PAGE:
-- Julio Fernandez (gluemax@ora.auracom.com), November 15, 2000.

Funny you should mention this ... the reason I asked the question in the first place is because I'm optically calibrating the position of the ground-glass assembly in one of my cameras and I had some doubts about the conventional method of doing so.

Intuitively, it seems to me that rather than shoot a target composed of several closely spaced objects and seeing which one appears to be sharpest on film, a better approach may be targeting just one object and varying the focus +/- a few thousands of an inch (using accurate dial indicators or other measuring devices) for each shot and seeing which of the series is the sharpest. This way, you'd also determine exactly how much the ground-glass needs to be adjusted without going through another round (or two, or three) of testing...

Is this procedure also correct or have I overlooked something here?

-- Jeffrey Goggin (audidudi@mindspring.com), November 15, 2000.

Temperature, humidity, film type, the position of the camera (and probably the moon) will cause film to have an uneven surface that will vary from holder to holder regardless as to how close they are to spec. Measuring the plenum's surface depth with a dial-indicator depth gauge through a plate glass in which I've drilled several holes is the method that I use (with the back detached from the camera and the holders inserted into the back). Shooting at targets introduces the "film variable" which is uncontrolled in a standard (non-vacuum) holder. Since 99% of what we record does not fall at the plane of focus (unless you're doing repro of 2-dimensional objects) we're depending on depth-of-field anyway. I just make sure that I don't have any dog holders. I also make sure that I don't have any holders with a plenum shallower than my groundglass +.007" (film can't lie any flatter than +.007" above the plenum's surface).

-- Wayne DeWitt (wdewitt@snip.net), November 15, 2000.

Wayne: you make some good points. Additionally, colour film and negative film are not the same thickness. Velvia, Provia, etc are 0.009" thick and Vericolor and NPS is 0.007". Some variations can be expected in the 4th decimal place due to humidity. Because in holders the film sits in the retaining groves rather than against a pressure plate as in the Linhof holders the film thickness will be a contributory factor as to the film's position with reference to the GG. Unfortunately, Linhof no longer makes holders.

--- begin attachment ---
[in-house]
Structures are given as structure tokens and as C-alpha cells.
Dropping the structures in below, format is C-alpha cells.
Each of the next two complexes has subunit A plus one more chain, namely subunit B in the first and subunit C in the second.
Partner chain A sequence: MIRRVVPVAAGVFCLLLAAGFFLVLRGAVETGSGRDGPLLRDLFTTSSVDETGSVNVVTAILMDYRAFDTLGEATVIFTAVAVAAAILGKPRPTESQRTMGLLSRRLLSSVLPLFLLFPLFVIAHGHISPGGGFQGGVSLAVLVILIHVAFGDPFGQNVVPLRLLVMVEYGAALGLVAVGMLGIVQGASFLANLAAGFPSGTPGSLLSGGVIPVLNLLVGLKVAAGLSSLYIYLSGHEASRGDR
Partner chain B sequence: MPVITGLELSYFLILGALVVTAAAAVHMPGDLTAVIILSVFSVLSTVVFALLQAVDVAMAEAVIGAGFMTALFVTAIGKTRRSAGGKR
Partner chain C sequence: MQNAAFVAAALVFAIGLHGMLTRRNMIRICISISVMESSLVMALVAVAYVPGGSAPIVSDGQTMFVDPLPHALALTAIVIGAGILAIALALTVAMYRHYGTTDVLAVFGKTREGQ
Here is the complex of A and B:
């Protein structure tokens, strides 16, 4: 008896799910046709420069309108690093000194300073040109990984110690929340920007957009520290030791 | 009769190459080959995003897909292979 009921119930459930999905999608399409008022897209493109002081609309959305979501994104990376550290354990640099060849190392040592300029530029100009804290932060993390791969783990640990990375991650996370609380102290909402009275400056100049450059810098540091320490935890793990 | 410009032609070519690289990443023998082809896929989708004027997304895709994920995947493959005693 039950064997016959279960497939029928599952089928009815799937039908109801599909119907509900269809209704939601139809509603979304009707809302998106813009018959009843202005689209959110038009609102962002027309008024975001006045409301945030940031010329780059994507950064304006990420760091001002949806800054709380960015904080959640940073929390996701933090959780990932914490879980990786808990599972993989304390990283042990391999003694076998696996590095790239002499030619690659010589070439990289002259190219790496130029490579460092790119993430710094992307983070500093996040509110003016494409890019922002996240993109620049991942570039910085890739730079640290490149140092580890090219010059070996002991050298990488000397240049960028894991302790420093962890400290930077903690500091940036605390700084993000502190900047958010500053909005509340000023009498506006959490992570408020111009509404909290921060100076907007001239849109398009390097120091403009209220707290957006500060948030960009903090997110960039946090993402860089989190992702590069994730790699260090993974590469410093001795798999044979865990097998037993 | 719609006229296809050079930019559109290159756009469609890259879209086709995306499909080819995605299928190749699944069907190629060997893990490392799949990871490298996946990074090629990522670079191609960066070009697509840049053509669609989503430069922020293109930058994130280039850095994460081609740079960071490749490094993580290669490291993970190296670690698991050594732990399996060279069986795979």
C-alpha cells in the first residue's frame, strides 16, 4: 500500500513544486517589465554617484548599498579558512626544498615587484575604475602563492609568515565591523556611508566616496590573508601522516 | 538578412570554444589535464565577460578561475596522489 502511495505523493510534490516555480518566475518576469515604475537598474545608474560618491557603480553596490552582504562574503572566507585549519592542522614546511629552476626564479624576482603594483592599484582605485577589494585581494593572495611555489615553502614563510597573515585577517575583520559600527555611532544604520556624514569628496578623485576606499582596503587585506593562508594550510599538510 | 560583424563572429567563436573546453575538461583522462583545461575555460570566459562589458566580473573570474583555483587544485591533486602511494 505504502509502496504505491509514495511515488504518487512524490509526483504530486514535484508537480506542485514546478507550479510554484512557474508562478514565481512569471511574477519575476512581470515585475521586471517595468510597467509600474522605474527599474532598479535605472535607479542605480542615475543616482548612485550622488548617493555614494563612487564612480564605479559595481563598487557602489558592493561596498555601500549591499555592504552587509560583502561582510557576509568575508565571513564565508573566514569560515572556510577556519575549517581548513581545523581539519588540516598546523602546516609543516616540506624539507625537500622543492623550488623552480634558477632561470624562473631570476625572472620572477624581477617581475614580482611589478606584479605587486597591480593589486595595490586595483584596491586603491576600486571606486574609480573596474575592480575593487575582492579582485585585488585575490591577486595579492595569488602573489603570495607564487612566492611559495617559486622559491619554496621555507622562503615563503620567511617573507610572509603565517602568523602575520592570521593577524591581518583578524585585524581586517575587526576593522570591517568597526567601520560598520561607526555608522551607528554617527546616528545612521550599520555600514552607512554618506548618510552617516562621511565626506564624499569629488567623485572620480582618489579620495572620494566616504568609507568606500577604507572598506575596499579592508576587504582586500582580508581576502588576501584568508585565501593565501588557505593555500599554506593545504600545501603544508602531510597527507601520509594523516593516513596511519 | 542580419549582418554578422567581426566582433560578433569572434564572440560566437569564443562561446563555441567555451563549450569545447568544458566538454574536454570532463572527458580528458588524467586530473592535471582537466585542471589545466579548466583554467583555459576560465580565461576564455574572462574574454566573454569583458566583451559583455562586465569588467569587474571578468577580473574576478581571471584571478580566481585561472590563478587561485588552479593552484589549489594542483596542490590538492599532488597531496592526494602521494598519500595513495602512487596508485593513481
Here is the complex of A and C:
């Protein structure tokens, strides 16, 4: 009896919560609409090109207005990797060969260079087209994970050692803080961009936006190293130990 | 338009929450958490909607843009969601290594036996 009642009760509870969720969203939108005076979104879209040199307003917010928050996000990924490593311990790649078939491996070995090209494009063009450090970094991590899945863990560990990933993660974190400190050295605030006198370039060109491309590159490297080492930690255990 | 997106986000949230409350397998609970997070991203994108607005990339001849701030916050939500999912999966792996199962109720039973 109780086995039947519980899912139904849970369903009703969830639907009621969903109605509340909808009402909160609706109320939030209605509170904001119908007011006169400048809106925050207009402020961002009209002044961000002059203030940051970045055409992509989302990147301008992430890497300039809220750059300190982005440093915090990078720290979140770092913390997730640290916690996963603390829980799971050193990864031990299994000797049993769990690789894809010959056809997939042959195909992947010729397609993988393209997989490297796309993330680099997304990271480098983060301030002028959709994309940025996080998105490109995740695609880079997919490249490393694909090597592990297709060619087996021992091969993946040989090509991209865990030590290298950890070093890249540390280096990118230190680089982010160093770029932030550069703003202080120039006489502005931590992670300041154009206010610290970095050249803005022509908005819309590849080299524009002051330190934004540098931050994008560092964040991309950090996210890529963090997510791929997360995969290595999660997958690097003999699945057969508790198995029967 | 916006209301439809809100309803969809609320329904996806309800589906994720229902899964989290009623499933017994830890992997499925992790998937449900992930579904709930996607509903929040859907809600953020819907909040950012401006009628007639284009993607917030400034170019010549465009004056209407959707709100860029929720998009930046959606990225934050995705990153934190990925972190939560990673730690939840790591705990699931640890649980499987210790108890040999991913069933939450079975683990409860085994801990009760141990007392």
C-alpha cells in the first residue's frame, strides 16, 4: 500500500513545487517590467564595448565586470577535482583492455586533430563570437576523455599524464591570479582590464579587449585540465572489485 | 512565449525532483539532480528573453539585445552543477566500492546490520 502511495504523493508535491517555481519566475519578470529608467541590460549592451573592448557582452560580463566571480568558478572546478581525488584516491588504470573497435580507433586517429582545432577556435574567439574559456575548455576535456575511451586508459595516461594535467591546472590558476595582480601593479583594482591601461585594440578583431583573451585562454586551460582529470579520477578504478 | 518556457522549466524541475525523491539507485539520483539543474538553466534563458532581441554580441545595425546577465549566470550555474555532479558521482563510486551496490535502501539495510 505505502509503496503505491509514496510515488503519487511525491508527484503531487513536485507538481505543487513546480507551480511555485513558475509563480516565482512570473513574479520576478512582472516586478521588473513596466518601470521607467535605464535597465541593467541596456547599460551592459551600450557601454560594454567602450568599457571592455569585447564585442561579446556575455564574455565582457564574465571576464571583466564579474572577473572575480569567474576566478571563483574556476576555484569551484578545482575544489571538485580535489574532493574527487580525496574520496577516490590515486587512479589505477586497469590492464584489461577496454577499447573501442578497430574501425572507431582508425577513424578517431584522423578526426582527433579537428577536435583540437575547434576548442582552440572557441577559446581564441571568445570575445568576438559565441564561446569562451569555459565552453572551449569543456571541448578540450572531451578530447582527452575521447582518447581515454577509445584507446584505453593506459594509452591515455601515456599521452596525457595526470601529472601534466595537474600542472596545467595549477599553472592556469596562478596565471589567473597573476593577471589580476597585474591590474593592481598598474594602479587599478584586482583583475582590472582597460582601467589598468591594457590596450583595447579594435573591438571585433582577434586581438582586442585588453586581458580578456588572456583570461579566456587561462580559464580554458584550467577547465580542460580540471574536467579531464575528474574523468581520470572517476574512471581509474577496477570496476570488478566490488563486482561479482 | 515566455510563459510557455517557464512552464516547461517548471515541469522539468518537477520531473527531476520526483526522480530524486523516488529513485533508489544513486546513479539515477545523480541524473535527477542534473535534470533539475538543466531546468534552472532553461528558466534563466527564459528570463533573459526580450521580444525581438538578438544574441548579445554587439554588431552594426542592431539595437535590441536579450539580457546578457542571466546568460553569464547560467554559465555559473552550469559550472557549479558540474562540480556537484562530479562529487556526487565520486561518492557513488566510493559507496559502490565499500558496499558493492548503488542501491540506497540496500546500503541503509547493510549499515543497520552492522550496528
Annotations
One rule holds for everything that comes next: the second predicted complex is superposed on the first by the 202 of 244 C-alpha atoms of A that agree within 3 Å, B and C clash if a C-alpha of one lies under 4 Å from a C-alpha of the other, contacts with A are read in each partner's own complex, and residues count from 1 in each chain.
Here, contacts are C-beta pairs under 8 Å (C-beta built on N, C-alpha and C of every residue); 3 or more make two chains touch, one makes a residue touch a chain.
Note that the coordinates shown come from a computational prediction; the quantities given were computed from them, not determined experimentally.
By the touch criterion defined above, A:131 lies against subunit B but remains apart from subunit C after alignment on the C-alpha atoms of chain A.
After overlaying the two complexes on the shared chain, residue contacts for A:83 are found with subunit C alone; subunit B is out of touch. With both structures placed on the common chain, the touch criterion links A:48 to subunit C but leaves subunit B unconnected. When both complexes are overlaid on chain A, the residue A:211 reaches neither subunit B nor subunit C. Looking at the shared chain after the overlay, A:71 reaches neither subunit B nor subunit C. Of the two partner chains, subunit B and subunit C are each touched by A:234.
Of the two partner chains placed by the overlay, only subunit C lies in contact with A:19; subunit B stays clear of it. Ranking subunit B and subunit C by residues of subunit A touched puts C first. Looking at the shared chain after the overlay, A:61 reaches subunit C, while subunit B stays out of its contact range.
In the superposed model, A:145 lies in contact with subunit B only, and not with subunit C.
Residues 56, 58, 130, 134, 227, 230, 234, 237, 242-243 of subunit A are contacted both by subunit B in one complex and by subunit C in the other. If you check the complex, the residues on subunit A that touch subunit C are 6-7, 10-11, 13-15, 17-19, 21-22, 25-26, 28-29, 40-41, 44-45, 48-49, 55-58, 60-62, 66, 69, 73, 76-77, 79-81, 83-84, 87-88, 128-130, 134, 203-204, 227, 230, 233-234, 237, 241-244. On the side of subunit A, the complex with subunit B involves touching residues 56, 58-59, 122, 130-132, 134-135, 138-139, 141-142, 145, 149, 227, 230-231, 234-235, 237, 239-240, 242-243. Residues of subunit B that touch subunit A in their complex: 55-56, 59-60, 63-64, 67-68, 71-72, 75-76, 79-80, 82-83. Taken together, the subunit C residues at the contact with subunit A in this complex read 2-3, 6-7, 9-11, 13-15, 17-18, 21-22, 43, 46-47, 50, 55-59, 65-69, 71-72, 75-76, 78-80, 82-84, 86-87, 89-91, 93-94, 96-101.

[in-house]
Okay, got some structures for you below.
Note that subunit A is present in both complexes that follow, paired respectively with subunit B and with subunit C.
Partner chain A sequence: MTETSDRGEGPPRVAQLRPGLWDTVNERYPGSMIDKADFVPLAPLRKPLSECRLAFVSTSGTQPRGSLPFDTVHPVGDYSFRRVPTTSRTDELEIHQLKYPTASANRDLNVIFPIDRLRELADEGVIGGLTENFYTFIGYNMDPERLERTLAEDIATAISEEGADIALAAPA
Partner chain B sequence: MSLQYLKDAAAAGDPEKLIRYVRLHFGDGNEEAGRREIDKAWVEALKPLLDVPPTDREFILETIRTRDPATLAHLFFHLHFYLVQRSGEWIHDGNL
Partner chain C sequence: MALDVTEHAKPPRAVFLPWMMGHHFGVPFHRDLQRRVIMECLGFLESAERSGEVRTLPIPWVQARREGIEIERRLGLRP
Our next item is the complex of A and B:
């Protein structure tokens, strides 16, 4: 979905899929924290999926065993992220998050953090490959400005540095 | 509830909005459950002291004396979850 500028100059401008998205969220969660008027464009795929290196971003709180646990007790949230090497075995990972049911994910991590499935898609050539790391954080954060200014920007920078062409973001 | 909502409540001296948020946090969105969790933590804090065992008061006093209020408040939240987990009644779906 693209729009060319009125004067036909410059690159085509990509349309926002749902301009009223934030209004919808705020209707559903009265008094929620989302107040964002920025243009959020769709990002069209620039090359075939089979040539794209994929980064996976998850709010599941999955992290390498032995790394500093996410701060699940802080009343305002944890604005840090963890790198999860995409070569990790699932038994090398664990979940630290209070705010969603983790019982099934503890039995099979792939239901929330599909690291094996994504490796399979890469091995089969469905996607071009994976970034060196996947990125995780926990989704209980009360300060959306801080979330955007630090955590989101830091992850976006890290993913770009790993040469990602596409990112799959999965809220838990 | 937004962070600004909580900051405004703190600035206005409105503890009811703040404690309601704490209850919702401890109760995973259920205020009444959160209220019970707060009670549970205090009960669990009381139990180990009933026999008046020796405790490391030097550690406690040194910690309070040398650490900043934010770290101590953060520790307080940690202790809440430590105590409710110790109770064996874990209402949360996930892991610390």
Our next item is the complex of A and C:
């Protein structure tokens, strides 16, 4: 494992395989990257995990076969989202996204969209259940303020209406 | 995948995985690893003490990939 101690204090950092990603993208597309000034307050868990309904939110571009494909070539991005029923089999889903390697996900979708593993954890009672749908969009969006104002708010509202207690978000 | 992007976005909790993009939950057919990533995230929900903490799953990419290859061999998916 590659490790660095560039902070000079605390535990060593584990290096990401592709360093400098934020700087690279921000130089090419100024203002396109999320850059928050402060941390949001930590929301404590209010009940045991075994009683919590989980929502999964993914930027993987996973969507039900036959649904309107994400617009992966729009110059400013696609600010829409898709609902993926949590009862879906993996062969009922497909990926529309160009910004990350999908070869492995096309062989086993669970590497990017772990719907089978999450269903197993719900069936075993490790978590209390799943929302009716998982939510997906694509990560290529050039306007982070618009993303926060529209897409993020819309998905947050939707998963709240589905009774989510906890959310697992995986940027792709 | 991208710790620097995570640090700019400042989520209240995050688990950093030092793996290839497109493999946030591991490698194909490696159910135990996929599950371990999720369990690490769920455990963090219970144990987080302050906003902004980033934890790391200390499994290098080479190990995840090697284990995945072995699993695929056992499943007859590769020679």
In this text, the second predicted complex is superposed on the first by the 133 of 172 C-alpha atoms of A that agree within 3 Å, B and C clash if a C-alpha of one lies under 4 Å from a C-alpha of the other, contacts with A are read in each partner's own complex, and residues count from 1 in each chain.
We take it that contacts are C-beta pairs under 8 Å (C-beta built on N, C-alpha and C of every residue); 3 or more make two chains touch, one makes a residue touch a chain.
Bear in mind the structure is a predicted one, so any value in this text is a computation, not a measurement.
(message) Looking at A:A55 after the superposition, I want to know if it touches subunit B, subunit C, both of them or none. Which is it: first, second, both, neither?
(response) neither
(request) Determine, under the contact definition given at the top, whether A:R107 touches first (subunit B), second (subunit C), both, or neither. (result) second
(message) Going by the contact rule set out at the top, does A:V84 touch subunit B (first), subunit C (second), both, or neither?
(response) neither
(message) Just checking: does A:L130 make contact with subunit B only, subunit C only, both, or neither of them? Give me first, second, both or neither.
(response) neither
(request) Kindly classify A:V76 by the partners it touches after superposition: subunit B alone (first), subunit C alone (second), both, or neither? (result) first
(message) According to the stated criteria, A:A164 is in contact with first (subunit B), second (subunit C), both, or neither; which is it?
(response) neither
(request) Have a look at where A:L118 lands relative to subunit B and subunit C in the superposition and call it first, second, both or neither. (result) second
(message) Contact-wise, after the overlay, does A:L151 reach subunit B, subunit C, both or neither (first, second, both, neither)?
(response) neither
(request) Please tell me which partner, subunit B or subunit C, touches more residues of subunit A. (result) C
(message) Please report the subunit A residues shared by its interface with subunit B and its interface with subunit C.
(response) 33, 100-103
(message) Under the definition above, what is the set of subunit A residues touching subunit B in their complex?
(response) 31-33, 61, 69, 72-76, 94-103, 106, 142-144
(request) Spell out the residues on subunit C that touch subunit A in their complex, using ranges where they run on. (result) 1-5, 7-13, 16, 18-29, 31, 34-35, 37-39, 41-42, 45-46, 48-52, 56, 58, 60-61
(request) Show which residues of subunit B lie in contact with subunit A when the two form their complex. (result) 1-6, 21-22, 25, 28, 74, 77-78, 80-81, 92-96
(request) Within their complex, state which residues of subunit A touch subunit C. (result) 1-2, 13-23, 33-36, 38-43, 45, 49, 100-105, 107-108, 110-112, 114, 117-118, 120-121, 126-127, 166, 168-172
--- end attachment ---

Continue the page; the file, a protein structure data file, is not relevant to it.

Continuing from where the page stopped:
The difference between B&W and colour may not be substantial enogh to be for concerned about, but it would be nice if the manufacturer's colour divisions would send the 'uncolour' people an e-mail with the message: stop being so stingy and standardize! On a second thought, better not: in the corporate world the stingy always get the upper hand and we will end up with skinny 0.007" colour film..

-- Julio Fernandez (gluemax@ora.auracom.com), November 15, 2000.

Julio - Thanks, I thought Velvia felt thicker - I just never measured it. I once read that the original Tech Pan was on a .004" base - if true in LF that must have been a nightmare!

-- Wayne DeWitt (wdewitt@snip.net), November 15, 2000.

My earlier post referring to a "plenum" should have said "septum" (confusing my phototography and audiophile terminolgy - sorry). Glad no one dinged me.

-- Wayne DeWitt (wdewitt@snip.net), November 16, 2000.

Wayne, If you want to have a real "nightmare" sometime, try cutting a small hole in the center of an unexposed sheet of 8x10 and loading it in a holder without the slide. Then, by looking at the hole and the surface of the holder directly underneath you can get some idea of how much the film separates from this "calibrated" plane when you do various things that simulate actual use, such as: letting it hang film-down for a few minutes or blowing hot breath on it (simulating the condensation that would occur when a cold holder is used in a hot bellows). Different films will react differently but I've seen film "pop" as much as .100". You can use the information gathered by this test to fudge your focus a little when you work in these problem situations.

-- Bruce Wehman (bruce.wehman@hs.utc.com), November 16, 2000.

I came upon some interesting data today. I was sent a very old wooden holder which contained two sheets of Ansco film. Behind each sheet was a black paper. I wondered (and still do) if the paper was for spacing or anti-halation.